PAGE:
3.3V 8mA drive strength with no filter, there is quite a bit of over/undershoot
3.3V 8mA drive strength with a pi filter reduces over/undershoot but adds some ringing

I decided to add filters which worked out pretty well, when I measured the signals with an oscilloscope it was pretty close to the simulation but with less ringing.

The xPort 2.0 and Mach1 added support for a separate I/O voltage, so I also had to redesign the power supply adapter. I used a USB Type-C connector to take advantage of the USB-PD 5V 3A mode. This time I used a synchronous buck converter to avoid needing a diode, the part I chose also supports an output voltage equal to the input voltage so it doesn’t need a separate switch for a 5V output. Instead of using switches and jumpers to adjust the voltage I made the power supply completely automatic. An ATtiny monitors the power supply voltage from the FlashcatUSB and the output voltage from the buck converter and adjusts the buck converters output until they match, alternatively, buttons can be used to manually adjust the output voltage.

The ATtiny uses a DAC to adjust the feedback to the buck converter in order to change the buck converters output voltage.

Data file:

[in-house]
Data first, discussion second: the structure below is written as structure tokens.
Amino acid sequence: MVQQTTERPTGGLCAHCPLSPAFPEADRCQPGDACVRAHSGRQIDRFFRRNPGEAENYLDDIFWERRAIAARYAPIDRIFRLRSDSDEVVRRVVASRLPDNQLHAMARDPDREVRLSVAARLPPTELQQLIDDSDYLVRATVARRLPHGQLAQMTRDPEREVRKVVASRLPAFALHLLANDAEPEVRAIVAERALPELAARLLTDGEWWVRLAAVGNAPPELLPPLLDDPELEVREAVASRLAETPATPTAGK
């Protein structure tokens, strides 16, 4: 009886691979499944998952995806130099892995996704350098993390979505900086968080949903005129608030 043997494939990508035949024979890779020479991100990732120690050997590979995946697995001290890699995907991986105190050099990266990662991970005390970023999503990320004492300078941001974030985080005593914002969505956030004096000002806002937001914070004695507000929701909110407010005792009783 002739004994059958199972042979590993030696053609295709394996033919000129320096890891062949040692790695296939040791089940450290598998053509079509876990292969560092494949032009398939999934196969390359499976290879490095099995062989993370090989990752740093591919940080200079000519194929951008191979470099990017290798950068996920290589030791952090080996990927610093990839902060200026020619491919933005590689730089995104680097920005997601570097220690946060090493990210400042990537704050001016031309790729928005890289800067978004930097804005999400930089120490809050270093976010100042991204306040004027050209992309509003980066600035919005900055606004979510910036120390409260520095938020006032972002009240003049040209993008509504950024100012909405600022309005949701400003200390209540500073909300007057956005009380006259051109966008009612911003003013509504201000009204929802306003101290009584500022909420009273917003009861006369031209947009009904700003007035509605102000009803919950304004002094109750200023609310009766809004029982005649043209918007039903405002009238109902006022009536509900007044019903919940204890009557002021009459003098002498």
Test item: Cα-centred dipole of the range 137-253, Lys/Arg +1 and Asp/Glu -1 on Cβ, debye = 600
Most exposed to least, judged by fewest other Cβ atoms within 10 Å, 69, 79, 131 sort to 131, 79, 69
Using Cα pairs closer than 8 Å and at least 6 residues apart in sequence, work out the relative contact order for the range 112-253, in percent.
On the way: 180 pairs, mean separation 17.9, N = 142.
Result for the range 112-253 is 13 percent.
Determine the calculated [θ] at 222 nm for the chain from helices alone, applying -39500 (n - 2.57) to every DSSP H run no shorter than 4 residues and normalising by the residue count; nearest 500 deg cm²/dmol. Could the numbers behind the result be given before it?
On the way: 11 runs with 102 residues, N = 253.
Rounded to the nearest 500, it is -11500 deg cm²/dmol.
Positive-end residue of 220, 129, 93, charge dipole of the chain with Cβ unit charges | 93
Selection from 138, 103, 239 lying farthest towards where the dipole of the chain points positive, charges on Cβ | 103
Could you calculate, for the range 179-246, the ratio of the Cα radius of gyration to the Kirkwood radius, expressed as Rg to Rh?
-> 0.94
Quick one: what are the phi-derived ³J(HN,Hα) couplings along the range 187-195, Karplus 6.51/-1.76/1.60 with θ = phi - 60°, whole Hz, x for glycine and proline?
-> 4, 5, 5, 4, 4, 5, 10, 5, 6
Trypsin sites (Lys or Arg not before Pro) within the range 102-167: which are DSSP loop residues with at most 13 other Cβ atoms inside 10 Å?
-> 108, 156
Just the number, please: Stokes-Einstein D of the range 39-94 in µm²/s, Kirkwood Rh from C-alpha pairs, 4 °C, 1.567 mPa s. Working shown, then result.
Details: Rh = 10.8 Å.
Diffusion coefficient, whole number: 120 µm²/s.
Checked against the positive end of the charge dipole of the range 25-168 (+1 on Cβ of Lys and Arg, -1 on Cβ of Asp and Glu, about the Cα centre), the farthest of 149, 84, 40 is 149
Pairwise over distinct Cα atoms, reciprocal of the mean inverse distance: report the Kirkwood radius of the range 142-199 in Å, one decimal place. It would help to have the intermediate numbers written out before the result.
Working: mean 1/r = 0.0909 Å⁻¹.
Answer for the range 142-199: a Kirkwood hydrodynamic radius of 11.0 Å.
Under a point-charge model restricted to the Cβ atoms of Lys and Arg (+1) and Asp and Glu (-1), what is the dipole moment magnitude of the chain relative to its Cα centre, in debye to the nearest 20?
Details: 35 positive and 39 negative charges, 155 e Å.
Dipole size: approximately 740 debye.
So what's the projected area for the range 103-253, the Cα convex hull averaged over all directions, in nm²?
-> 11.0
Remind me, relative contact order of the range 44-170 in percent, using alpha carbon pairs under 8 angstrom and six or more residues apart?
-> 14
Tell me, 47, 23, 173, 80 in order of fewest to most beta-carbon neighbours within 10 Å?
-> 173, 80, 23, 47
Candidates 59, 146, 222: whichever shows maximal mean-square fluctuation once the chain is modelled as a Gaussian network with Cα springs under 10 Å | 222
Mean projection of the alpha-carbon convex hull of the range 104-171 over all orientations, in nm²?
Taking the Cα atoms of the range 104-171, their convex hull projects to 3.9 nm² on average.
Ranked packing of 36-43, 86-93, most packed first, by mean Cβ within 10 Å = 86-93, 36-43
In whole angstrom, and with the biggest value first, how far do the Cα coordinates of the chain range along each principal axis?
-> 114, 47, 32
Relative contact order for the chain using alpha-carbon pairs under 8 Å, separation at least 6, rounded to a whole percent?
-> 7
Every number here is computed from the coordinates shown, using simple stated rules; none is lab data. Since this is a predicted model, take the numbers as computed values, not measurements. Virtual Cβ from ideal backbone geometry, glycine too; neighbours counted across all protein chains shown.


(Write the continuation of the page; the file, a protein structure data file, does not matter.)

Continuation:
DAC Controlled Buck Converter Simple Example

I wanted the power supply to have an output voltage range from 1V to 5V, I graphed the output voltage equation to fine-tune the resistor values in order to achieve that.

Buck Converter Control

Voltage Output vs. DAC Output


I hand assemble each board myself, I have a pretty simple reflow setup and use some tweezers and a microscope to place parts.

I try and keep component placement between the adapters the same so I don’t need as many solder paste stencils. Since I assemble each board individually a large stencil and frame is overkill, instead I use a single stencil for multiple designs and trim it to size.

To easily align the stencil with the PCB, I came up with this alignment tool. It’s a stack of PCBs with a grid of holes spaced 5mm apart with pin gauges for alignment. I took into account the tolerances of the holes and pin gauges to be accurate but leave some wiggle room, its worked with 0402’s and 0.4mm pin pitch parts.

Stencil Alignment Block
Stencil Alignment
Partially Assembled Orders


My first store was a static website using GitHub pages. I found a shopping cart service that worked with static sites, processed payments through PayPal, and was pretty inexpensive. I also wrote a bunch of documentation and made some YouTube videos about the clip adapters to put on the website. I didn’t really do much marketing or advertising, I made some Reddit and forum posts but that was it, most sales came from referrals.

As the clip adapters became more popular I set up a virtual private server to use Magento for my eCommerce store and BookStack for documentation. The set up was more difficult but it’s a much better solution and I no longer lose a percentage on each sale.